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Home My thinking patterns are bringing me down! Is there a way to get out of this rut?

My thinking patterns are bringing me down! Is there a way to get out of this rut?

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My mind wanders to what might be. Then thoughts turn to worries. The next thing I know, I am already replaying negative scenarios in my head, and then I am gripped by intense fear. Honestly, being inside my head is tiring. But I can’t seem to stop these thoughts! 

This is an example of having negative thought patterns. 

In 2018, A study where 643 college students were asked to answer a questionnaire about negative thinking and researchers found that it was highly related to symptoms of depression and anxiety. Moreover, negative thinking is linked to higher risk of having unwelcome thoughts and having low enjoyment of the present.

Thinking of risks and possible dangers come in handy when we make daily decisions, but when these thoughts go out of hand, they can get more powerful and end up putting us at risk for anxieties.  

Negative thinking can be in the shape of distorted self-doubt and criticism, wrong assumptions and twisting reality and the best way to break free from this habit is to learn healthy coping strategies.

Forming healthy thinking habits by recognizing old thinking patterns

Identifying thinking patterns is a skill, but since we experience them daily, we can note our own habits and eventually replace them. 

  • Overthinking

Scrutinizing every last possible detail about our thoughts and foreseeing every potential result repeatedly and not being able to make a decision afterwards is a form of overthinking. We get stuck in just replaying every angle and making up possible scenarios until we are fatigued. 

  • Hostility

Do we find ourselves believing that people are inherently untrustworthy or just evil? It manifests in our anger against others, often without a logical basis. This feeling of hostility increases some more as we judge the person and the situation from multiple negative perspectives.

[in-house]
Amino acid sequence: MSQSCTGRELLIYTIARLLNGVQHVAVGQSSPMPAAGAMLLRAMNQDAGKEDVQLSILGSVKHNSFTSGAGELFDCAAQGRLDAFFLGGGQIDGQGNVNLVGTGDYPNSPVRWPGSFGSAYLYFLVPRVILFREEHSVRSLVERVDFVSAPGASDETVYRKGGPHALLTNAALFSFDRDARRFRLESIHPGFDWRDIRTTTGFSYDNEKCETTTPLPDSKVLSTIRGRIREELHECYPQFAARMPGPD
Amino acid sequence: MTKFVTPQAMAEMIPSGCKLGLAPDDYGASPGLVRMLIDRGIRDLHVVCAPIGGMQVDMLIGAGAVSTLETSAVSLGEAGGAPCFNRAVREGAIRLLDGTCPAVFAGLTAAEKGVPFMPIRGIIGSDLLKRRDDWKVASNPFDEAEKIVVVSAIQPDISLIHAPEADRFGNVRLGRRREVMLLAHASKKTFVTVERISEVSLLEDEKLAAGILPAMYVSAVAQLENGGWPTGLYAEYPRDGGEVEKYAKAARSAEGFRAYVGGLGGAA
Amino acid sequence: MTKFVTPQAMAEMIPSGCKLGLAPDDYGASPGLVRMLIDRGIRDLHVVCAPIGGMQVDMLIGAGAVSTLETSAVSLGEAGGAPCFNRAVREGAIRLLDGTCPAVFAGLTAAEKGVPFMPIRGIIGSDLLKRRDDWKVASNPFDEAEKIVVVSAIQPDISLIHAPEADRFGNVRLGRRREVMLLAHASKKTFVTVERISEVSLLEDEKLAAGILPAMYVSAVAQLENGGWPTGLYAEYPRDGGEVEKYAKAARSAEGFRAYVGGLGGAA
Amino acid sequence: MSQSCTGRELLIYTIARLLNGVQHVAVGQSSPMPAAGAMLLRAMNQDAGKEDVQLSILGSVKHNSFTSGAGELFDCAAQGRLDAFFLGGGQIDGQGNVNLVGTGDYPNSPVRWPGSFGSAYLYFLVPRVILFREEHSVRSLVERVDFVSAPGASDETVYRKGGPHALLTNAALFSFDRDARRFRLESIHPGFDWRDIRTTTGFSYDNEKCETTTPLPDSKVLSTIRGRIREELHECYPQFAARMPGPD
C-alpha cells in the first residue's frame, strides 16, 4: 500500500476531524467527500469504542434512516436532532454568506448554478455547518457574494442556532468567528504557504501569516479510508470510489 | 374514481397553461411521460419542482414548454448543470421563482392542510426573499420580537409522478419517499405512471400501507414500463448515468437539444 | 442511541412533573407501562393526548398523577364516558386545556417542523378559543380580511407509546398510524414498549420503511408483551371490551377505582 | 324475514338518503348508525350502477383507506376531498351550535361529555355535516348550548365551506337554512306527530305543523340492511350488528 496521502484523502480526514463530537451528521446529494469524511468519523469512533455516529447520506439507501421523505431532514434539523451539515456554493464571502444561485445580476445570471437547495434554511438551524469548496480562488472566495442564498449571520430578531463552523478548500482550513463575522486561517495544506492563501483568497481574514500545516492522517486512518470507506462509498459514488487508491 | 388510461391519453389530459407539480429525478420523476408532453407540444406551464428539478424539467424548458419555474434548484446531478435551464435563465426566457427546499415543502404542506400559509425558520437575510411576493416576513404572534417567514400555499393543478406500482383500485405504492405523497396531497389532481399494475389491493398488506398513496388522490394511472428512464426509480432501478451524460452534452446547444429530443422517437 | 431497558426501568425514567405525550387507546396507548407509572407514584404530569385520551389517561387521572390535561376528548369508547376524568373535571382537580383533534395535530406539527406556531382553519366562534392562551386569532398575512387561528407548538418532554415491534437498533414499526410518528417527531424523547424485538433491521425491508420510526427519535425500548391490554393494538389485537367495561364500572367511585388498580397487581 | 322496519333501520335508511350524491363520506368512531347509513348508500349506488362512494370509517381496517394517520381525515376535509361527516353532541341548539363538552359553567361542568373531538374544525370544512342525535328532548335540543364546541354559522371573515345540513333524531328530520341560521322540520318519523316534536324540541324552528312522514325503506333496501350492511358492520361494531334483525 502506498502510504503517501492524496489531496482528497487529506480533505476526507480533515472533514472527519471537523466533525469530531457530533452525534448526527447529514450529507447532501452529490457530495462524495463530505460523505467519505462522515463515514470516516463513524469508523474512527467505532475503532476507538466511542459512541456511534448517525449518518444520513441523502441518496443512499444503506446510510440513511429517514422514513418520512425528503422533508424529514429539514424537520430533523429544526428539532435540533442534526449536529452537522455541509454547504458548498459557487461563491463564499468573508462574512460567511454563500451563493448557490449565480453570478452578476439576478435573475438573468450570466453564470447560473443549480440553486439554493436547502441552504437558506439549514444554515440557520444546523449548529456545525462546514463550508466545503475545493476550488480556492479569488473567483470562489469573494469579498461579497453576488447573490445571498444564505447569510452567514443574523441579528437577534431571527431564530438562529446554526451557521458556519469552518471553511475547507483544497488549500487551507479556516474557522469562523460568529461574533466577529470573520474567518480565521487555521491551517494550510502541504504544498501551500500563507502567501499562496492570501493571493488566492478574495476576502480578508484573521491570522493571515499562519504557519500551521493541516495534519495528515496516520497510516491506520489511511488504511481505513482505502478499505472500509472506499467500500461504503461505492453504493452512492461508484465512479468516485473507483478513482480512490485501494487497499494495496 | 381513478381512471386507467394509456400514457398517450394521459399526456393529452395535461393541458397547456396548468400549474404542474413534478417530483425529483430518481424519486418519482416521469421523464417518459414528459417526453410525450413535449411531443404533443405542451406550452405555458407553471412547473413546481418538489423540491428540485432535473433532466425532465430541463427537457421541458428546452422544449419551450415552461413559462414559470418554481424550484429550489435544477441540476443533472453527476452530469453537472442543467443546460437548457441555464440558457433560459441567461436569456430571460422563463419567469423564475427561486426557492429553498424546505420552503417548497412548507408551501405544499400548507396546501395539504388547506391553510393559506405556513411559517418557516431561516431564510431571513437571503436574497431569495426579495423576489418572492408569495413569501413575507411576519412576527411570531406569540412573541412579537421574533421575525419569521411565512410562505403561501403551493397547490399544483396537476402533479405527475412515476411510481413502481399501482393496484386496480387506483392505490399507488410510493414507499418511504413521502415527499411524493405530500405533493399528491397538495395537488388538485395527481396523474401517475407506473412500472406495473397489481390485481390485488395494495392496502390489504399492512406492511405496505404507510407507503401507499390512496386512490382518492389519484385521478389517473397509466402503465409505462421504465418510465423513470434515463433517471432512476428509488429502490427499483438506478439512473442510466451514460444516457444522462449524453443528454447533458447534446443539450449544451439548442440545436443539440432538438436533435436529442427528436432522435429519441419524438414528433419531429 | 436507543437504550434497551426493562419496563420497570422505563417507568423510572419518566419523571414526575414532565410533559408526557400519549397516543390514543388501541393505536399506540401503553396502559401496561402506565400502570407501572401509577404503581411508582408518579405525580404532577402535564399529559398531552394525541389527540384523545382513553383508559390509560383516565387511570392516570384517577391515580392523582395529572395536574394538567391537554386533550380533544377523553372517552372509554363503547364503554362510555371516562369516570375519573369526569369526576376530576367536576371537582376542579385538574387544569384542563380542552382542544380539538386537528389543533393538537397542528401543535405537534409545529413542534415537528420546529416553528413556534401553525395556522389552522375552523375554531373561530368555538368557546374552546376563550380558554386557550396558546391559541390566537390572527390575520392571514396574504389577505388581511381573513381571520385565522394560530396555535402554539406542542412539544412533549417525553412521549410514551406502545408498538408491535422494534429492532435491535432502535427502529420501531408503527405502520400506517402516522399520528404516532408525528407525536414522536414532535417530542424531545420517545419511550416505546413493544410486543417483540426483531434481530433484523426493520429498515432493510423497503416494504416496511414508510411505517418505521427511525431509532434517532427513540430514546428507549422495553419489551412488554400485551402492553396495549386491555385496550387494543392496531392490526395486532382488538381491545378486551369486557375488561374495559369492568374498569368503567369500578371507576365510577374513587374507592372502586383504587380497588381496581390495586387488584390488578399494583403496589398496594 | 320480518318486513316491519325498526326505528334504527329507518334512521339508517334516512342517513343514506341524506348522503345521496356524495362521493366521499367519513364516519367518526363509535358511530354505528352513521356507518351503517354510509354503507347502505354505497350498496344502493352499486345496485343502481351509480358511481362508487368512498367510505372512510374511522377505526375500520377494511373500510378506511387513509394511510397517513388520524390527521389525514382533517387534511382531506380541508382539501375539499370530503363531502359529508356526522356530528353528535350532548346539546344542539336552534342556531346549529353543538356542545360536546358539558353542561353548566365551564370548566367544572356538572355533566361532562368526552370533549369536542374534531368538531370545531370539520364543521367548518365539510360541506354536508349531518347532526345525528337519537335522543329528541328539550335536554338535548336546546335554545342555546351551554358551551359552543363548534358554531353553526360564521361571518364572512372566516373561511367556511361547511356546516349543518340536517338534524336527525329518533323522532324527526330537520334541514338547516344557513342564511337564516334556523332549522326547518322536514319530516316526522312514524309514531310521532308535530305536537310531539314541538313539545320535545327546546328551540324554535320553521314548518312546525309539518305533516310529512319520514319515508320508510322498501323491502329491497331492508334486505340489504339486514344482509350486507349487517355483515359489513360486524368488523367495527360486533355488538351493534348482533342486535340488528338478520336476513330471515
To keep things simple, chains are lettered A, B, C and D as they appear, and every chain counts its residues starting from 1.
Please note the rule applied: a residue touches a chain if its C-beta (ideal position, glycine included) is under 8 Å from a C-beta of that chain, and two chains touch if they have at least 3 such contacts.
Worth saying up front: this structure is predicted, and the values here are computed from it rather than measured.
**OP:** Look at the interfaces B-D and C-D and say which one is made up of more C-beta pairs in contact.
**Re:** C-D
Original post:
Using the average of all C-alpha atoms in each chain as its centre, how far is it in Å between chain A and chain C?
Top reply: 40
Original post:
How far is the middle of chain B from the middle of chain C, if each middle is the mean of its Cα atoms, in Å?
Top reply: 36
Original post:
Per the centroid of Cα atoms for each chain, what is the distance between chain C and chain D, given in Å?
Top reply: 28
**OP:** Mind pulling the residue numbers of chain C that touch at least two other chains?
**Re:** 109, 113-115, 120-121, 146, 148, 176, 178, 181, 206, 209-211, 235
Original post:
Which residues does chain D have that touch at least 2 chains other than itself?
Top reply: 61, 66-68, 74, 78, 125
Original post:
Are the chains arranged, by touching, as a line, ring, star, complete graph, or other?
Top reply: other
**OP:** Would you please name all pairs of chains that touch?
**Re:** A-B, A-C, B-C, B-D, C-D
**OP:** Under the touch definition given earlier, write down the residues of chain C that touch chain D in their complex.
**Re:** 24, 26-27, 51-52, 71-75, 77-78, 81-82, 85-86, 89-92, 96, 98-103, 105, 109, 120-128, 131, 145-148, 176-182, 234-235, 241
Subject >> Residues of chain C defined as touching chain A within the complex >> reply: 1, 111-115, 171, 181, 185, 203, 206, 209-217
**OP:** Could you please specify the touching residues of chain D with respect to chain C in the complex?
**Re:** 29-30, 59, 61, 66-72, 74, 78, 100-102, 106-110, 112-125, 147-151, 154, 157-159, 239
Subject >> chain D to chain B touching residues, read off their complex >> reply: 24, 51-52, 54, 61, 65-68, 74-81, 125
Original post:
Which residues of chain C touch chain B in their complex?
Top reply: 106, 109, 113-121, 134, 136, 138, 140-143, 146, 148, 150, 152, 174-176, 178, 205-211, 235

• Rumination

Rumination is the habit of examining ourselves, but in a negative light, dismissing the positive aspects. We think about ourselves and the future and see only the worsening of our situation because the factors that we consider are negative ones. 

  1.  Dichotomous thinking

It means thinking only in black and white. We see the situation in one perspective only-the negative one. We commit a mistake and we see ourselves as a total failure. We get second place at something and we think we are insignificant and label ourselves as losers. This type of thinking does not allow space to consider other perspectives. 

  • Mental Filter 

Out of all the many aspects of a situation, we choose only one aspect and give our 100% focus on that one thing–especially a negative one- that eventually makes us think that we are already defeated and lose hope. 

  • Self-blame

We see ourselves, our feelings or our actions as the reason for a negative scenario. We focus on the part we played in that event, even when in reality, that situation may not be about us. 

There are many other common negative thinking habits that are common and when we catch ourselves doing any of these thinking habits, it is time to employ alternative and healthier thinking patterns. 

What causes negative thinking? 

There is no single definite reason, but it is definitely driven by a multitude of factors such as the makeup of our brain and its need to evaluate risks for survival, exposure to too much negative news on social media, our past traumas and history, and our current stress levels

What can we do to stop thinking negatively? 

  • Challenge your thoughts. 

Not every thought that we think is welcome and helpful. Asking ourselves these questions when we catch ourselves thinking negatively can be beneficial in raising our self awareness. 

  1. Are these thoughts helpful or hurtful? 
  2. If I continue thinking this way, will it be beneficial for my relationships? 
  3. Do these thoughts help me improve my mental health? 
  1. Learn to face these thoughts honestly but without believing immediately that they are true.
  1. Scheduling when you will entertain them might help you control when they can worry you. This can be done by journaling them at a set time of the day. You get to acknowledge them, but then move on afterwards. 
  2. Face these thoughts with compassion for yourself. 

Research has shown that being too critical of ourselves is a driver for lack of self care. By replacing negative thoughts with compassionate words, we think and feel what we see but lessen the stress they bring. 

  1. Seek support.
  1. If we have friends we express our thoughts to, they might have noticed the quality of our thinking patterns already. Ask them and share your challenges. They might be able to help you regulate your thoughts with you. 
  2. Learn from professionals. Licensed therapists, counselors or psychologists can be great resources for healthy thinking habits. Contact one you trust. 

On some days, loving yourself might be hard to do, but self-care that starts with caring for your mind and thoughts will definitely bring you rewards both in the present and in the days to come!

My thinking patterns are bringing me down! Is there a way to get out of this rut?
Brandon Resasco